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Karen Tam
Artist

Montreal
June 28, 2017

Karen Tam is an artist whose research focuses on the construction and imagination of cultures through installations in which she recreates the spaces of Chinese restaurants, karaoke lounges, opium dens, curio shops and other sites of cultural encounters. Since 2000, she has exhibited her work and participated in residencies in North America, Europe, and China. She was a finalist for the Prix en art actuel from the Musée national des beaux-arts de Québec in 2016 and long-listed for the Sobey Art Award in 2016 and 2010. Tam holds a MFA in Sculpture from The School of the Art Institute of Chicago and a PhD in Cultural Studies from Goldsmiths (University of London). She is represented by Galerie Hugues Charbonneau. She has upcoming shows at Expression, Centre d’expression de Saint-Hyacinthe (QC) and Musée régional de Rimouski (QC). Her exhibition With wings like clouds hung from the sky / 大 鵬 就 振 翼 is currently on view at The Art Gallery of Greater Victoria until September 4.

1. Chinese Art Deco



I've been interested in the influence of China on the arts and crafts in Europe and the Americas, and vice-versa, especially during the 1920s and 1930s through Art Deco. It's fascinating how this style drew inspiration from Chinese and Japanese art, but also how it was interpreted or re-interpreted in China itself, as seen in the architecture of cities like Shanghai and in fashion, design, decor, and art.

2. Watching CCTV documentaries with my dad

Since my dad discovered the wonders of AppleTV and YouTube, he's been an avid viewer of CCTV documentaries and my R&D person. He'll email me the links to any and all the shows he thinks would be of interest. We'll watch them together and get ideas for projects from the historical shows and programmes on antiques, travel, Silk Road, arts and crafts, technology, etc.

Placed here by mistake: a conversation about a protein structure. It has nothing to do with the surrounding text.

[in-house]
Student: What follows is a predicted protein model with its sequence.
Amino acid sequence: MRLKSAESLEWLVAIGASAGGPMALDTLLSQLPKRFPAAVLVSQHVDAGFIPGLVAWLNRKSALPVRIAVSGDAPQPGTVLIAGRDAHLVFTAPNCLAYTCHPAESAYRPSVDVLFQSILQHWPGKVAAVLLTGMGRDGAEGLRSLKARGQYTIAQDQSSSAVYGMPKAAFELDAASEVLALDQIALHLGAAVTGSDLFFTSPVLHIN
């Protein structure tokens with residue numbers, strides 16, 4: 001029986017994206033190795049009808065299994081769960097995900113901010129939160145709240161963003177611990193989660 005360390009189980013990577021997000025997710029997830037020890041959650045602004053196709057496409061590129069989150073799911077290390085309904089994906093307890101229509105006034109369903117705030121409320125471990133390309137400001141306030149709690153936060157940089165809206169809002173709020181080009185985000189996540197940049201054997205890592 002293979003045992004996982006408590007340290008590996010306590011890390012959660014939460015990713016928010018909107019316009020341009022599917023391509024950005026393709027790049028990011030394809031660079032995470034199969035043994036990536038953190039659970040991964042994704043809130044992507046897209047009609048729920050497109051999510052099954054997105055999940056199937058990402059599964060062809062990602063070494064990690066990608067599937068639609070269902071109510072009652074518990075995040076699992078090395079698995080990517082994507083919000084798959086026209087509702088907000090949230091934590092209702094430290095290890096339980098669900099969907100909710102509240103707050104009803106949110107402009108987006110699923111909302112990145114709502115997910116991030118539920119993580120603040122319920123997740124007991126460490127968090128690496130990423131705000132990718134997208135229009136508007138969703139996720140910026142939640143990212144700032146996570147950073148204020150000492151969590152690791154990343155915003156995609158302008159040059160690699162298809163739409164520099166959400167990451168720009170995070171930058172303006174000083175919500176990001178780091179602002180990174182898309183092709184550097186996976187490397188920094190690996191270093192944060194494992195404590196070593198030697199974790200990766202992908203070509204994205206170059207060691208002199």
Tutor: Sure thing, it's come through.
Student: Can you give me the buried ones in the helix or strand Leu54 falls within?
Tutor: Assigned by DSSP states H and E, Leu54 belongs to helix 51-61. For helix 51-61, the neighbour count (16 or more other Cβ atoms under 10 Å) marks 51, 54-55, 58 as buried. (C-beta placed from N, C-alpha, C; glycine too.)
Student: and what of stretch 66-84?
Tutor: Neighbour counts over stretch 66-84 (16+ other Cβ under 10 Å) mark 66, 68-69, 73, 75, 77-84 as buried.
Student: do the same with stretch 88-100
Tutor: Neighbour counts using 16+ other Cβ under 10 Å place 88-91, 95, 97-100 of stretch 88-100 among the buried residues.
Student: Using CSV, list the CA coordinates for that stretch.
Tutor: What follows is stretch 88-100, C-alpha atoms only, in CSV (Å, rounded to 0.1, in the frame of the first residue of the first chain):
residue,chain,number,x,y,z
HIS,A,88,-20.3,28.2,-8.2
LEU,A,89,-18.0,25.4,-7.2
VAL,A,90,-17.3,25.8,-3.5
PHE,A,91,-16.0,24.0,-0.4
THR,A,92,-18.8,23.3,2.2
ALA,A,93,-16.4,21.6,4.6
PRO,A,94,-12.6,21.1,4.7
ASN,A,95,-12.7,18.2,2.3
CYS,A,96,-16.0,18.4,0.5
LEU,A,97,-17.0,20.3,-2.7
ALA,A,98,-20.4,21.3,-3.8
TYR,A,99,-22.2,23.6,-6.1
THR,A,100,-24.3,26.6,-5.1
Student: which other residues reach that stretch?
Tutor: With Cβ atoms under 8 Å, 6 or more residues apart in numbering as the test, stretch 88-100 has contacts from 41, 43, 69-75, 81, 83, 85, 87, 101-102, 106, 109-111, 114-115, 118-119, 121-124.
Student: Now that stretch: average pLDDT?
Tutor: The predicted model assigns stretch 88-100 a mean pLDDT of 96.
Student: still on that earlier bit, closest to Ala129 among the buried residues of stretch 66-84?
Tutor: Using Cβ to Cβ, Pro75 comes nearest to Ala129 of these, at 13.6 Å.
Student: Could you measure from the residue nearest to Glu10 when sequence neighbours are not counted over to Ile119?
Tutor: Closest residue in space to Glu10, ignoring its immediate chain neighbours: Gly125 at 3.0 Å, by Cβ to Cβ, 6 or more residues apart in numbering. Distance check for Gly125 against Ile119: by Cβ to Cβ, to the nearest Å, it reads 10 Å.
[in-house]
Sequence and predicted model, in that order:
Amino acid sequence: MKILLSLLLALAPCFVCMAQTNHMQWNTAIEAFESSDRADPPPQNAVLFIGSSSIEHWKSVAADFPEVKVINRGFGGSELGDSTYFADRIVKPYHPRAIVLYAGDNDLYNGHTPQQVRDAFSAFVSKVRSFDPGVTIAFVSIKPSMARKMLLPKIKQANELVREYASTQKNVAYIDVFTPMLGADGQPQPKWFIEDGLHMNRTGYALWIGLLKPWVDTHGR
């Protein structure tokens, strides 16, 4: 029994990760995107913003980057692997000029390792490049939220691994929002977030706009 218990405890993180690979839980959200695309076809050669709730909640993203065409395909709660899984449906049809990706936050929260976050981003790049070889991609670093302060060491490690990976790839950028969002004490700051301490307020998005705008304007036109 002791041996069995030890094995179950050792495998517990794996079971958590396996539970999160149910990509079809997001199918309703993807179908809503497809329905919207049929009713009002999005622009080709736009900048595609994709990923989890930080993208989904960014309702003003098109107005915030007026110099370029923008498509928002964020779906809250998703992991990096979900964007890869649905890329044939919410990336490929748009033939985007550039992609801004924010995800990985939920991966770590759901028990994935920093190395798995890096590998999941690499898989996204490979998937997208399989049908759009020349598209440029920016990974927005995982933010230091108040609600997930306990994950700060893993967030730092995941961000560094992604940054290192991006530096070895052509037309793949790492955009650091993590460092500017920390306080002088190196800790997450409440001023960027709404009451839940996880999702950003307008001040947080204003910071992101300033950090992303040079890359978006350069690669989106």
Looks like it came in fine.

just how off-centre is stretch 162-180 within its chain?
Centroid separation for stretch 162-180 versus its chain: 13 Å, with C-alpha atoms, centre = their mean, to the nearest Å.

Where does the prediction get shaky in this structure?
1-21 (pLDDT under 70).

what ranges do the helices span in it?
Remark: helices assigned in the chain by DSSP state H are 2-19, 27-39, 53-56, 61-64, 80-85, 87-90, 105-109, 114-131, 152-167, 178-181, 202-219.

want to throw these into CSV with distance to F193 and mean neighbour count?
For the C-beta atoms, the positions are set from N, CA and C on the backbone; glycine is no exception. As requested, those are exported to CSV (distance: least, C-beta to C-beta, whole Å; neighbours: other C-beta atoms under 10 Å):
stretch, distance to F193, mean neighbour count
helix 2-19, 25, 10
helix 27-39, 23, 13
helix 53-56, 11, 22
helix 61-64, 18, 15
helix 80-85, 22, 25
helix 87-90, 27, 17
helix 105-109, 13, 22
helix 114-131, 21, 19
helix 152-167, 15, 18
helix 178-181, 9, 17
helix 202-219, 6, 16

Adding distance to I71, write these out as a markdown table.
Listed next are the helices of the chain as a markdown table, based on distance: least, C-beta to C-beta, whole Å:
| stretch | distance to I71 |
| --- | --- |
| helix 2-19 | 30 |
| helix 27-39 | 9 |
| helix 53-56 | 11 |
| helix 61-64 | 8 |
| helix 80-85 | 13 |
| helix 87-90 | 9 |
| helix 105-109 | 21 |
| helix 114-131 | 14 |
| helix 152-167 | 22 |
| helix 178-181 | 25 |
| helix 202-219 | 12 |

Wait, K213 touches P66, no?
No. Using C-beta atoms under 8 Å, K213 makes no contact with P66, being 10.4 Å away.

3. Inspector Montalbano



I really enjoy reading the books as well as watching and re-watching the television series for the combination of food, crime, beautiful and idyllic scenery (set in Sicily), and humour.

4. Swimming

I don't lead a very active lifestyle, but I do enjoy going for a swim. Living in Montreal with free access to pools, I try to go two or three times a week. My current go-to is the salt-water pool at CEGEP Vieux-Montreal.

5. Women composers


Morfydd Owen

This past year, I decided to listen to more classical and contemporary music. I felt that my musical knowledge needed to expand and I realized that I wasn't familiar with the works of many women composers. In my undergraduate music history courses, we covered Hildegard de von Bingen, Clara Schumann, Fanny Mendelssohn, and Nadia and Lili Boulanger, but not of others who most probably were excluded from the “canon” because of their gender. So far, I've discovered the gorgeous works of Barbara Strozzi (1619-1677), who was one of only a few women in the 17th Century to publish their own compositions, Élisabeth-Claude Jacquet de La Guerre (1665-1729), Morfydd Owen (1891-1918), Amy Beach (1867-1844), Germaine Tailleferre (1892-1983), Alma Mahler (1879-1964), Jean Coulthard (1908-2000), Anna Thorvaldsdóttir (1977-), Elena Langer (1974-), and Yan Jinxuan (1924-), who composed the music for The White Haired Girl opera and ballet, which is regarded as one of the classics of revolutionary China.

 

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Posted by Barbara Todd, on 2017-06-29 11:18:31
 
I love the delightful range and seeming non hierarchy of your enthusiasms. I love Inspector Montalbano too!